As part of our ongoing collaboration with Zula Music & Arts Collective Hamilton, organizers of the Something Else! Festival & Music Series and Watch it Burn! Composite Arts Series, this month’s edition will focus on creative music emanating from the greater Hamilton region.
Chris Palmer is a truly original improvising guitarist with a keen sense of adventure, humour, fire, curiosity, and mischief, who can easily rock a house party or stun a literary audience, hypnotizing them with his charm and chops. Palmer has been playing guitar for nearly forty years in a variety of contexts. For over a decade before moving to Canada from New Zealand, he was actively involved in the Wellington improvised and avant-rock music scene. He has appeared on a number of albums including Leila Adu’s debut album Dig a Hole and was largely to blame for the Elephant Men release Let You Entertain Me. He’s a fair third of the incendiary Hamilton free jazz unit Lee/Palmer/Bennett, with bassist David Lee and reeds player Connor Bennett. He also featured in a, let’s say, ‘cult’ film by Young Guns II director Geoff Murphy… which he doesn’t want to talk about.
While a healthy number of song-based projects have successfully merged the wayward and soulful, Hamiltonian pop surrealists Glasseyelashes make an utterly distinct contribution to the lineage. Grounded by the longtime musical partnership of Sarah Good (guitar and voice) and Annie Shaw (keyboards and voice), the duo more recently expanded to welcome the ubiquitous Becky Katz. Each member is voraciously prolific, contributing to a number of the city’s recent most adventurous and peculiar musical acts and community initiatives including Earth, Wind, and Choir, Freaky Boos, Strangewaves, Sourpussy, and Pucumber Sasssquash Family Band, while gathering Hamilton Arts Awards, and appearing at local institutions such as Supercrawl and the HPO’s What Next? Festival. Glasseyelashes’ music gleefully and irreverently mashes together the ramshackle rock of early Red Krayola or the Raincoats’ The Odyshape, with the agile ethereality of artists such as Jane Siberry and Mary Margaret O’Hara.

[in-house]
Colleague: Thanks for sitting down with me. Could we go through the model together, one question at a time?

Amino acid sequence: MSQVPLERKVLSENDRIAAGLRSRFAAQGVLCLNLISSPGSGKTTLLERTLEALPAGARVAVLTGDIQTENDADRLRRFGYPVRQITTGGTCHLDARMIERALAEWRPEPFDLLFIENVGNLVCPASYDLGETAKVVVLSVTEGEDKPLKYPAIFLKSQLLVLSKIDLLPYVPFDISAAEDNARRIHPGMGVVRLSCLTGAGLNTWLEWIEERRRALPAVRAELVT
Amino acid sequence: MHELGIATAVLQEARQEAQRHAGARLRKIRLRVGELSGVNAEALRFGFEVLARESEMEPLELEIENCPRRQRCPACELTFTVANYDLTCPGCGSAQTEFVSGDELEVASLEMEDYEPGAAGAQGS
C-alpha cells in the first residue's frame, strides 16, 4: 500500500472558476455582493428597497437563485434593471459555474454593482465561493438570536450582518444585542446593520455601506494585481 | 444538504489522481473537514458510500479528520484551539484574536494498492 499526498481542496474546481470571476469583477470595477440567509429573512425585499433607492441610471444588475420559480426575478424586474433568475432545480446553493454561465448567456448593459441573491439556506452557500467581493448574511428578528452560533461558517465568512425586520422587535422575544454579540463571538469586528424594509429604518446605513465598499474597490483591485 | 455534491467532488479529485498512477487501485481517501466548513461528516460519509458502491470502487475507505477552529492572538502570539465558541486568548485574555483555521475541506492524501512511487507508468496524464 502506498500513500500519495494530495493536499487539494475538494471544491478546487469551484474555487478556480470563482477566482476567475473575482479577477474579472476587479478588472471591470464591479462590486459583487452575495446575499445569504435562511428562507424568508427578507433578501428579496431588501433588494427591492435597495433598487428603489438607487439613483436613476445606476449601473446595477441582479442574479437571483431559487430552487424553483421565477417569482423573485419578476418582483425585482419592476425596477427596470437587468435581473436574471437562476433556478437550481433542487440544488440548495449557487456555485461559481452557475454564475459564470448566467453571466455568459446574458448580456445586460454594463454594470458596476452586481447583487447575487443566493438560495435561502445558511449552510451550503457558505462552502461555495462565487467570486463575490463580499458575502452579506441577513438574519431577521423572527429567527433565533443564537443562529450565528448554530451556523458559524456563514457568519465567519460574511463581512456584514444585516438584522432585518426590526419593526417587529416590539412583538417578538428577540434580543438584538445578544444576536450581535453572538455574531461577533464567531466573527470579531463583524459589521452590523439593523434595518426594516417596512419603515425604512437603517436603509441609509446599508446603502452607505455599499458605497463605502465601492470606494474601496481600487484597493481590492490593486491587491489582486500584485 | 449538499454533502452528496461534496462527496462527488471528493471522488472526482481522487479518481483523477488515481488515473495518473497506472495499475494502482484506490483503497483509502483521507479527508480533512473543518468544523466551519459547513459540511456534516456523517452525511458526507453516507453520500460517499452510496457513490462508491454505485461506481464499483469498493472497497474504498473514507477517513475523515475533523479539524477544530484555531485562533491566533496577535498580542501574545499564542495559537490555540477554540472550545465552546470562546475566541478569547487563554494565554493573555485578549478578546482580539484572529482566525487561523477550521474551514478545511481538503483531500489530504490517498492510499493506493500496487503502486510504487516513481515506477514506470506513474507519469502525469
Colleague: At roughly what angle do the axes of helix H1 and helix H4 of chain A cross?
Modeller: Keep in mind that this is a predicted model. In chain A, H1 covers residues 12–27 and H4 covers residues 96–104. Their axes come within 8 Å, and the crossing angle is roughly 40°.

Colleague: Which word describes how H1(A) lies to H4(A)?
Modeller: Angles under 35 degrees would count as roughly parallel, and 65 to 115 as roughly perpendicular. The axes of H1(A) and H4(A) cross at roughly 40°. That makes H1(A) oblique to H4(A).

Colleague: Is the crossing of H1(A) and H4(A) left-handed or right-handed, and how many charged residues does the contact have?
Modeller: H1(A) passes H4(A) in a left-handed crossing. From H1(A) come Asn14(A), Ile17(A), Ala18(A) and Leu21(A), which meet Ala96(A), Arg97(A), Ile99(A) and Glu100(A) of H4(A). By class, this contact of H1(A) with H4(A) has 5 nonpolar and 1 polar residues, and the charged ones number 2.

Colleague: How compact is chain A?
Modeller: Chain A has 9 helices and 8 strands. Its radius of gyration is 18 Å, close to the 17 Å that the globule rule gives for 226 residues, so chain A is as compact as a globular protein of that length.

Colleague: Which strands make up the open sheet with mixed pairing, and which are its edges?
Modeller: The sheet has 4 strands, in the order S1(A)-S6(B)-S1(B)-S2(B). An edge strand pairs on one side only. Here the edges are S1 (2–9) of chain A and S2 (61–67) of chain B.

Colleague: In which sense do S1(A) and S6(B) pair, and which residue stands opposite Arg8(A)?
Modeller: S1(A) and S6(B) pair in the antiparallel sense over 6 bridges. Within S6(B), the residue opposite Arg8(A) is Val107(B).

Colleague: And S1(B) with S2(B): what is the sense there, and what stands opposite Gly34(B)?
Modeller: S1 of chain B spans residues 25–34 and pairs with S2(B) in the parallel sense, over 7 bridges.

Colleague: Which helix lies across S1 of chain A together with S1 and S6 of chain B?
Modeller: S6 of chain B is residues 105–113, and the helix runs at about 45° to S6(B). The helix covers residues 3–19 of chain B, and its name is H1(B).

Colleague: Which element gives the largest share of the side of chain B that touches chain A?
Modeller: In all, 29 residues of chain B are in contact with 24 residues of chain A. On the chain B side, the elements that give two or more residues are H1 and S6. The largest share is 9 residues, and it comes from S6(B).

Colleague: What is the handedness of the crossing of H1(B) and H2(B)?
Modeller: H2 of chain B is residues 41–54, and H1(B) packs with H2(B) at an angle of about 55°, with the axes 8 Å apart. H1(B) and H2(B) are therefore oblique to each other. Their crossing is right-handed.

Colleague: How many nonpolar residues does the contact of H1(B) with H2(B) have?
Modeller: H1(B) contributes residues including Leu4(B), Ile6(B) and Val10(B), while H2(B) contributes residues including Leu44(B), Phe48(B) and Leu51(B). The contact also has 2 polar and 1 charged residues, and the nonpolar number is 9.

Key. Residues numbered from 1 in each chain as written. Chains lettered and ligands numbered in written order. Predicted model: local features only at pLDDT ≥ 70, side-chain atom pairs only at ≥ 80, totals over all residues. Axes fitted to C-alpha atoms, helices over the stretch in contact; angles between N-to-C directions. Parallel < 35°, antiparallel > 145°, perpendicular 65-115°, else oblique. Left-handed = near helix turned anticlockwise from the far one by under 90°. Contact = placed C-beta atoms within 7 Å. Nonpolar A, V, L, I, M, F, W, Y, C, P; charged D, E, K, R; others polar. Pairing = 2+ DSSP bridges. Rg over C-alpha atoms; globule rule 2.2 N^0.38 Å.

Available online 24/7
Sat, Mar 20 - Sun, Aug 15, 2021
From the Canadian Art Collection
Girl under a Tree 1931
Prudence Heward (Canadian 1896-1947)
oil on canvas, Gift of the artist's family, 1961